When you focus on the face, you tend to emphasize the individual’s personality or current mood. If you focus more on the torso, this automatically means you have to step back a little – this act exposes more of the environment, thus bringing in more of the setting. Lastly, a full body shot feels more like a scene, almost like something out of a movie or a music video.

Think about what you want your viewer to feel as you snap portraits, torso shots, or full body shots. A nudge in either direction can completely transform the focus of the final result.

a woman with long blonde hair, a green jacket, and sneakers standing in a busy street with a tote bag

Source Image: Pixabay

What are Some Good Street Fashion Photography Blogs?

A little inspiration is just the ticket for getting you started in this incredible niche. I regularly follow street fashion blogs to not only inspire my own photography, but give me ideas for new outfits.

Tokyo Fashion

One of my most beloved blogs is none other than Tokyo Fashion. This site is a menagerie of the dazzling, creative, and unexpected fashion of Japanese subcultures – one of their most famous sections is their Tokyo Street Snaps.

Their Street Snaps update regularly with new entries from people coming from all walks of life. Not only are the outfits jawdropping in their creativity, the street snaps provide a good variety of portraits, torso shots, and full body shots. Emphasis is put on celebrating the ensemble more than creating an illustrative or dynamic composition. 

Lee Litumbe (SpiritedPursuit)

If you’re looking for Instagram photographers to follow, a great place to start is with the stylish Lee Litumbe. Mixing street fashion with an elegant and colorful flair, she has a style all her own.

Lee Litumbe frequently provides a color or texture contrast between the clothes and the world around her. She’s particularly skilled at utilizing lavish environments to frame her already lavish outfits, adding a level of visual complexity that takes serious skill.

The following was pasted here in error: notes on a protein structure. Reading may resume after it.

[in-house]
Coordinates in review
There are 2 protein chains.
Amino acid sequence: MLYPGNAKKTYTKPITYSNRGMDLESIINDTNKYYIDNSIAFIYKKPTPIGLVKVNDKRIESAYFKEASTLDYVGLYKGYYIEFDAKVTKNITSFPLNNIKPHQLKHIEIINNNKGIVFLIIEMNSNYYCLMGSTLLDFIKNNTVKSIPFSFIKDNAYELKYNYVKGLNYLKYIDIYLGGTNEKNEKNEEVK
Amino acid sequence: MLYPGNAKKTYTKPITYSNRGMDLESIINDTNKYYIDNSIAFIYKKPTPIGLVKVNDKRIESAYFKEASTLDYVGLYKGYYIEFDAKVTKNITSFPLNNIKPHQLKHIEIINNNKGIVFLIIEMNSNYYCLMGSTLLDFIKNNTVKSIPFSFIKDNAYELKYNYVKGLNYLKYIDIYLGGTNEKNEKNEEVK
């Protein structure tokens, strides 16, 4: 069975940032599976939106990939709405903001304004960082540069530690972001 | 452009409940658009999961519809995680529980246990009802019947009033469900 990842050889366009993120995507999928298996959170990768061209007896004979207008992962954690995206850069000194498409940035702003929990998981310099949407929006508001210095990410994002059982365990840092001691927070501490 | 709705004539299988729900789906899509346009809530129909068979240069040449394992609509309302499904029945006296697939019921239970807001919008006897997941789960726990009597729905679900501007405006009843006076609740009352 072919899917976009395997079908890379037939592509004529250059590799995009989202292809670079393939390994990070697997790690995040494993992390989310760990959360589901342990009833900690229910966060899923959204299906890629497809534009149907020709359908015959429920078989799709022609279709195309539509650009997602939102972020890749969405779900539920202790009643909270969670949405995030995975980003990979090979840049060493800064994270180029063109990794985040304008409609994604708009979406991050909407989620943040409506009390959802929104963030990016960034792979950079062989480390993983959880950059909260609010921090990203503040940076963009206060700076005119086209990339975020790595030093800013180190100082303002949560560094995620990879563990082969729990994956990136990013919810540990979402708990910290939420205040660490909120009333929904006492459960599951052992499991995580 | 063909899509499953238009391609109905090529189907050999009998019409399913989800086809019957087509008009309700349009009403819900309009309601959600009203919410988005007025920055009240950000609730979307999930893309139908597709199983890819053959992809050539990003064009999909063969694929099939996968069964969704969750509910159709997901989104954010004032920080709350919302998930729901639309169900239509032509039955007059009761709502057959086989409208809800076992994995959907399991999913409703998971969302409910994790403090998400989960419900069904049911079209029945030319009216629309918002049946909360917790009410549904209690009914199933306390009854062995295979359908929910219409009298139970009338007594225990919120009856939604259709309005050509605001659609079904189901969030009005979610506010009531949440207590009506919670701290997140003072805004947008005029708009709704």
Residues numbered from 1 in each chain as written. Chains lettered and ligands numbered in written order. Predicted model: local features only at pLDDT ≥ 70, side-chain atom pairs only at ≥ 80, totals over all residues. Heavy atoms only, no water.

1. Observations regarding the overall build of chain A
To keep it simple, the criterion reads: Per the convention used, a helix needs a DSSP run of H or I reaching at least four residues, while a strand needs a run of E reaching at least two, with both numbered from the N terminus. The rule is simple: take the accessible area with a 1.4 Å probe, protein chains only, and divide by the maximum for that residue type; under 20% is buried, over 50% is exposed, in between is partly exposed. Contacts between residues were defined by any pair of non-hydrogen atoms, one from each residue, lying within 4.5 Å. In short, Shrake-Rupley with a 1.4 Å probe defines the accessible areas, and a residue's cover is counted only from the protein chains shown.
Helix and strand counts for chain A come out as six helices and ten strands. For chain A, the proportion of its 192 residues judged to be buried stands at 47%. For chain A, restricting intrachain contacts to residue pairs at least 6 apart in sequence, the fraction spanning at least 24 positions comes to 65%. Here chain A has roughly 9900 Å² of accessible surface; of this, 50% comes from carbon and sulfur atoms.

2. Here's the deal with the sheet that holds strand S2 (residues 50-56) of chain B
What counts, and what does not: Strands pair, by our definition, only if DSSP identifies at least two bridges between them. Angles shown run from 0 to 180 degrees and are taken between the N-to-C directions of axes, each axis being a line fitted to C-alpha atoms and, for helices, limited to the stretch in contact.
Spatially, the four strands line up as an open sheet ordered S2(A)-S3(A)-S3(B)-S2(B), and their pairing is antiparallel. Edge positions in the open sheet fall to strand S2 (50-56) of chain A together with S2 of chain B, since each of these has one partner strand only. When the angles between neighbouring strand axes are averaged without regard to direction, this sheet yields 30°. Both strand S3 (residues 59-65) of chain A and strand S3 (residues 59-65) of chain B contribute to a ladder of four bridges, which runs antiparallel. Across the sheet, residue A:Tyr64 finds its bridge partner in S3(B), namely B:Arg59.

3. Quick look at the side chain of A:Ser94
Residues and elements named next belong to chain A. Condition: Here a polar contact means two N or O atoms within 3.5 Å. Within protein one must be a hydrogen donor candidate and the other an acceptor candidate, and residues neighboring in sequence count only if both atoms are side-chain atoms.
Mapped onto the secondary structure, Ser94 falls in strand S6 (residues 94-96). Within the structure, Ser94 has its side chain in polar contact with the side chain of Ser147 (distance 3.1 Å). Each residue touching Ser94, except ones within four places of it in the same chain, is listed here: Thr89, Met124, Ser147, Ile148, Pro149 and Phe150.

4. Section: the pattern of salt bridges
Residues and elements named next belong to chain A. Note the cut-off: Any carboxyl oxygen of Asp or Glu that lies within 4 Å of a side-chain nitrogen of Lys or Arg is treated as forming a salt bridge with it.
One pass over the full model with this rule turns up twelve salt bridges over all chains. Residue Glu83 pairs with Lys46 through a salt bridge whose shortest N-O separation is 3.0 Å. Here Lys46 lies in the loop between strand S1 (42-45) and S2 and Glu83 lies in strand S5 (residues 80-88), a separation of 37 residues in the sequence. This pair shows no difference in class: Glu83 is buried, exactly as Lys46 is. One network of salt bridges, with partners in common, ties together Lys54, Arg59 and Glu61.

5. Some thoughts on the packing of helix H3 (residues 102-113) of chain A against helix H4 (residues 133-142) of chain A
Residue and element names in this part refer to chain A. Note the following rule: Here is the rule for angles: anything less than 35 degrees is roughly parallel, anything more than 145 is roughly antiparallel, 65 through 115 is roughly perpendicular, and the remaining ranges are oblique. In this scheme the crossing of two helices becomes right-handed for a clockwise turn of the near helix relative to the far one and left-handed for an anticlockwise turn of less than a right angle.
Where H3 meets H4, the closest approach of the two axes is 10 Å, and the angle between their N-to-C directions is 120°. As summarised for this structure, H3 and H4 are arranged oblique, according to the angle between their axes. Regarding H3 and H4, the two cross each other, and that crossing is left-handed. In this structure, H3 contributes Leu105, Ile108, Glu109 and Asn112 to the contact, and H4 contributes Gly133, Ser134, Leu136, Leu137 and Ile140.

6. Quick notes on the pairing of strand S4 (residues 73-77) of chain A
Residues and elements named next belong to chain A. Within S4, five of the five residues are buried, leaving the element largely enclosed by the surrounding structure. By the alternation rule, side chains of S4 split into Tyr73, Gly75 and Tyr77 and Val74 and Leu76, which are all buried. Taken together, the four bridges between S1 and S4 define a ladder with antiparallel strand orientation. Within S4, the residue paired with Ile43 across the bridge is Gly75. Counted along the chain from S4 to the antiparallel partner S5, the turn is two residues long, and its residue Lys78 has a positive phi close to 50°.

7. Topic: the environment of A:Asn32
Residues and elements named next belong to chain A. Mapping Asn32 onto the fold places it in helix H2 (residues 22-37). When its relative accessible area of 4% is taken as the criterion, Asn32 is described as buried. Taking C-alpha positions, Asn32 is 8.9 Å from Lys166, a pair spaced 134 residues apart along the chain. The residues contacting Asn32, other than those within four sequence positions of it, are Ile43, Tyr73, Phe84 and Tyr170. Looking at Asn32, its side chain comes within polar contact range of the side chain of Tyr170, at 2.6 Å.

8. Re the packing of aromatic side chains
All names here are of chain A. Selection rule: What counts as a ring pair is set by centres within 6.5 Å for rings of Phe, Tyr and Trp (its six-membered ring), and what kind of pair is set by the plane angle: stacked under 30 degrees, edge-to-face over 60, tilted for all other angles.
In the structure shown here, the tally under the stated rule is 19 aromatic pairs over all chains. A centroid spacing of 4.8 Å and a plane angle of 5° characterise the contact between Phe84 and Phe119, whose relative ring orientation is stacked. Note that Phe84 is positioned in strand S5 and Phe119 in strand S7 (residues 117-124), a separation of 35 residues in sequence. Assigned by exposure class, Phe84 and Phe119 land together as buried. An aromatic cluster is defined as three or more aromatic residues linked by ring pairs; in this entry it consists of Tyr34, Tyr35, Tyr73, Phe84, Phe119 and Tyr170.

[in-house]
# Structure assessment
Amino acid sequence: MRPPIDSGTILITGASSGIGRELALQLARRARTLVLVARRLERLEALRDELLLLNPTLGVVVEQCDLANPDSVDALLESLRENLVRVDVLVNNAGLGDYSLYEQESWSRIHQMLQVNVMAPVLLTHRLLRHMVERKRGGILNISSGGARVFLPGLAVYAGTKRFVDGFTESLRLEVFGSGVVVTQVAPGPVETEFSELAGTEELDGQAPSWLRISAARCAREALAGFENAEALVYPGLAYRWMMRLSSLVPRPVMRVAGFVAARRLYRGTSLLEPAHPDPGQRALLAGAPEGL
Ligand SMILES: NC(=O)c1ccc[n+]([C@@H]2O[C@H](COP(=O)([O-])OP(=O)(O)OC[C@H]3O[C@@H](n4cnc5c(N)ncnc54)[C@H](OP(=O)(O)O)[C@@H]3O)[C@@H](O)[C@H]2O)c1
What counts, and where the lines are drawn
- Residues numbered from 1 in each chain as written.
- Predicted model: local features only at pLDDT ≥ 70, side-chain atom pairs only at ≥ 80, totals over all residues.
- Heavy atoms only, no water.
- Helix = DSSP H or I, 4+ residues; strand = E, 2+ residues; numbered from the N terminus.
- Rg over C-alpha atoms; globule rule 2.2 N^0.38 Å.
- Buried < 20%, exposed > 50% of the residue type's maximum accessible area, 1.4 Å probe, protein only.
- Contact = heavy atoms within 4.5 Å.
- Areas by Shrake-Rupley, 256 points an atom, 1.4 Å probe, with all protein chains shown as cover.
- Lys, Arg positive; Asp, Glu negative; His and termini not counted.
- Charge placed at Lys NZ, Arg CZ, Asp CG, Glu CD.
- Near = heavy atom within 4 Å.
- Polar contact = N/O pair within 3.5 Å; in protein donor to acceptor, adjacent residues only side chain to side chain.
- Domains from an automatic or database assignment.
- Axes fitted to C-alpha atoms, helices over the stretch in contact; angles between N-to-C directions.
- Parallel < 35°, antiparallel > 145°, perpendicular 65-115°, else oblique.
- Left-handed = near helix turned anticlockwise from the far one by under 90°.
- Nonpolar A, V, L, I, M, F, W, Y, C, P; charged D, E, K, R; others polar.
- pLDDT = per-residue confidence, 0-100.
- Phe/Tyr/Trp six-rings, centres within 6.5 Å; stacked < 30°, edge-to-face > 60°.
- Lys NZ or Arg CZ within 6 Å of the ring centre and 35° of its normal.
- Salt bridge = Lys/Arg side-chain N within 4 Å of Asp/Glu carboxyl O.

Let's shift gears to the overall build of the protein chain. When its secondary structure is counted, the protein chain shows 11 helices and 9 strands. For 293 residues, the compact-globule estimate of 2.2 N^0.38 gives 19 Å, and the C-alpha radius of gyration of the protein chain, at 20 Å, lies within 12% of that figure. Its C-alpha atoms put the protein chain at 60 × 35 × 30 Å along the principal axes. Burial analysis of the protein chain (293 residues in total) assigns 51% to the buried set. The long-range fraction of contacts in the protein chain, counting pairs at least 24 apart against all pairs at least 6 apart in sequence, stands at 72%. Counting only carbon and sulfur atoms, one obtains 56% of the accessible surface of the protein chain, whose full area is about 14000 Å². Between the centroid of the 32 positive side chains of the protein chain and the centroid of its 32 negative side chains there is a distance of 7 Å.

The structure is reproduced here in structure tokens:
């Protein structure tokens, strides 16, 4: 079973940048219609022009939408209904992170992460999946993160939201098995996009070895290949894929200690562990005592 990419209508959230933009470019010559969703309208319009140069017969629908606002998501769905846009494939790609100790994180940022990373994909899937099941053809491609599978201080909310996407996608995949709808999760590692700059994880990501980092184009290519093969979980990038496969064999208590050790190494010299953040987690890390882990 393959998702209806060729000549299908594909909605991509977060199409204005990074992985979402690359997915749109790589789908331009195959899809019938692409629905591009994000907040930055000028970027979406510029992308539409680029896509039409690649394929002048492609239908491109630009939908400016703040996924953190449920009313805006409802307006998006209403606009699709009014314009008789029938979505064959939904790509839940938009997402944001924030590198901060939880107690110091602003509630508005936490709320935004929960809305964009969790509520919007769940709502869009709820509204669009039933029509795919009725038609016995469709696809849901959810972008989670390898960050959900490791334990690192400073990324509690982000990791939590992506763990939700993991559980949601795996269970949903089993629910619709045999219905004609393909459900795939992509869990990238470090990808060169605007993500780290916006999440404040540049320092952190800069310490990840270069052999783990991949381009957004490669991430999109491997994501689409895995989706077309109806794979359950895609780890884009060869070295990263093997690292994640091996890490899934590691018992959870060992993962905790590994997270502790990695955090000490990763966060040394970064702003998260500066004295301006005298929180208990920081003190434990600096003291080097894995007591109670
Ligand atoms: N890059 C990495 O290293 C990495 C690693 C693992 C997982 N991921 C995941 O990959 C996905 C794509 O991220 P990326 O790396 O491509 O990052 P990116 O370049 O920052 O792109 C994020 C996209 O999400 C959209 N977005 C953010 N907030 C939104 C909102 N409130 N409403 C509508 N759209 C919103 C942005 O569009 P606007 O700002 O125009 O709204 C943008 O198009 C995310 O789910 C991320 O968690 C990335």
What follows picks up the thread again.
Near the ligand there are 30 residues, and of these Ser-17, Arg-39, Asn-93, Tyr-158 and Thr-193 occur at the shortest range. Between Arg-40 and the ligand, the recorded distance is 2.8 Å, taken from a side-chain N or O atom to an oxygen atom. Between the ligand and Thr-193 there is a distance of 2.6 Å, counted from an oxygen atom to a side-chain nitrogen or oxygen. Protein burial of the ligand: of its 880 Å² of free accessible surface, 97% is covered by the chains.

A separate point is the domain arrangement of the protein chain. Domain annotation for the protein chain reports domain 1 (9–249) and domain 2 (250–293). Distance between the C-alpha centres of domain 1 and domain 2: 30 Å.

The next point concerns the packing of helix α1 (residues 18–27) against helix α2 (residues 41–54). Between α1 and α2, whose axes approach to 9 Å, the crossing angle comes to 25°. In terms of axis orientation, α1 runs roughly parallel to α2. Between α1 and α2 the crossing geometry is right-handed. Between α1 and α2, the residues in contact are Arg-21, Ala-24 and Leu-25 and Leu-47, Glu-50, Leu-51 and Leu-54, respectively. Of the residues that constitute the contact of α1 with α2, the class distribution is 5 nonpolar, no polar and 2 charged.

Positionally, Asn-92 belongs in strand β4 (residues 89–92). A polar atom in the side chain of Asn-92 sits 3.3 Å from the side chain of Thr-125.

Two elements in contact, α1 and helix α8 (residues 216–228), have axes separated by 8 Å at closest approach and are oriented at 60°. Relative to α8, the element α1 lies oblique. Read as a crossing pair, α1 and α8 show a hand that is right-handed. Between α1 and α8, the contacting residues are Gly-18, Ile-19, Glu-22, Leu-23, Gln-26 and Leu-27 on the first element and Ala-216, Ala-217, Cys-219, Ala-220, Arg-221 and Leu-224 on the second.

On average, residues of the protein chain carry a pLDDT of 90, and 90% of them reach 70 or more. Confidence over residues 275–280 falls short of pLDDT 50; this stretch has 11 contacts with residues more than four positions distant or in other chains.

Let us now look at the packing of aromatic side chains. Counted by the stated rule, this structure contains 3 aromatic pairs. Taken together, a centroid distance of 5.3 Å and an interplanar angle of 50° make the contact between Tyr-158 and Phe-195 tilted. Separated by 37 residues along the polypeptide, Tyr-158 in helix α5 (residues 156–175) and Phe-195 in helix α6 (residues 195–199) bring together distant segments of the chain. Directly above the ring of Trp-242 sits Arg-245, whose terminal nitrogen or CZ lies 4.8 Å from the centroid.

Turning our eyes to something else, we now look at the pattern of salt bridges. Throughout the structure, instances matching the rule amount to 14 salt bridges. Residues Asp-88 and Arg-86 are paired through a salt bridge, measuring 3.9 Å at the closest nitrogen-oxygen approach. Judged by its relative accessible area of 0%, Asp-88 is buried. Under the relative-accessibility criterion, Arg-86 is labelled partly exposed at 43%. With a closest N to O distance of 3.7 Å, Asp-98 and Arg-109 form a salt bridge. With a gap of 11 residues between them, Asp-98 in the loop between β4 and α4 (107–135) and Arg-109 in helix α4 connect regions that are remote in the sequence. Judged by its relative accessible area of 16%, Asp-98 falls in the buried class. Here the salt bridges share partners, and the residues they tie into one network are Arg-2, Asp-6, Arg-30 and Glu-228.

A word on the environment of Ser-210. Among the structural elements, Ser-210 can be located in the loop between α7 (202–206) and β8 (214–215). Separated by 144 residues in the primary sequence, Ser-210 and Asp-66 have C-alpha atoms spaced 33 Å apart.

Tiffany Hsu (HandInFire)

The line between street style and high fashion can get blurry at times. Tiffany Hsu happily blurs the lines with elegant, striking photos that stress dramatic angles and even more dramatic outfits.

No journey is completed in a day. While all of these examples may be a little overwhelming at first, your street fashion photography style will grow in time. 

a woman tossing long pink hair back against a darker background of trees

Source Image: Pixabay

Conclusion: Street Fashion Photography is a Stylish Niche Anyone Can Get Into 

Street fashion photography is a niche without limits. Unlike the lofty culture of high fashion, street style is one of the most beginner-friendly photography niches out there.

Street style fashion photography has its roots in cultures all over the world, but many styles we know today originated in the 1970’s as a counterculture movement. This fashion incorporates many styles such as sporty, hip hop, or an artistic mishmash. It also heavily emphasizes the environment to celebrate the mundane details and settings that make up people’s lives.

Capturing street fashion photography involves similar gear to any other niche, but often requires a different mindset. This niche stresses spontaneity, a flexible attitude to setbacks, and a desire to step outside of the box.

Want to continue developing your skillset across different niches? Check out the following posts below: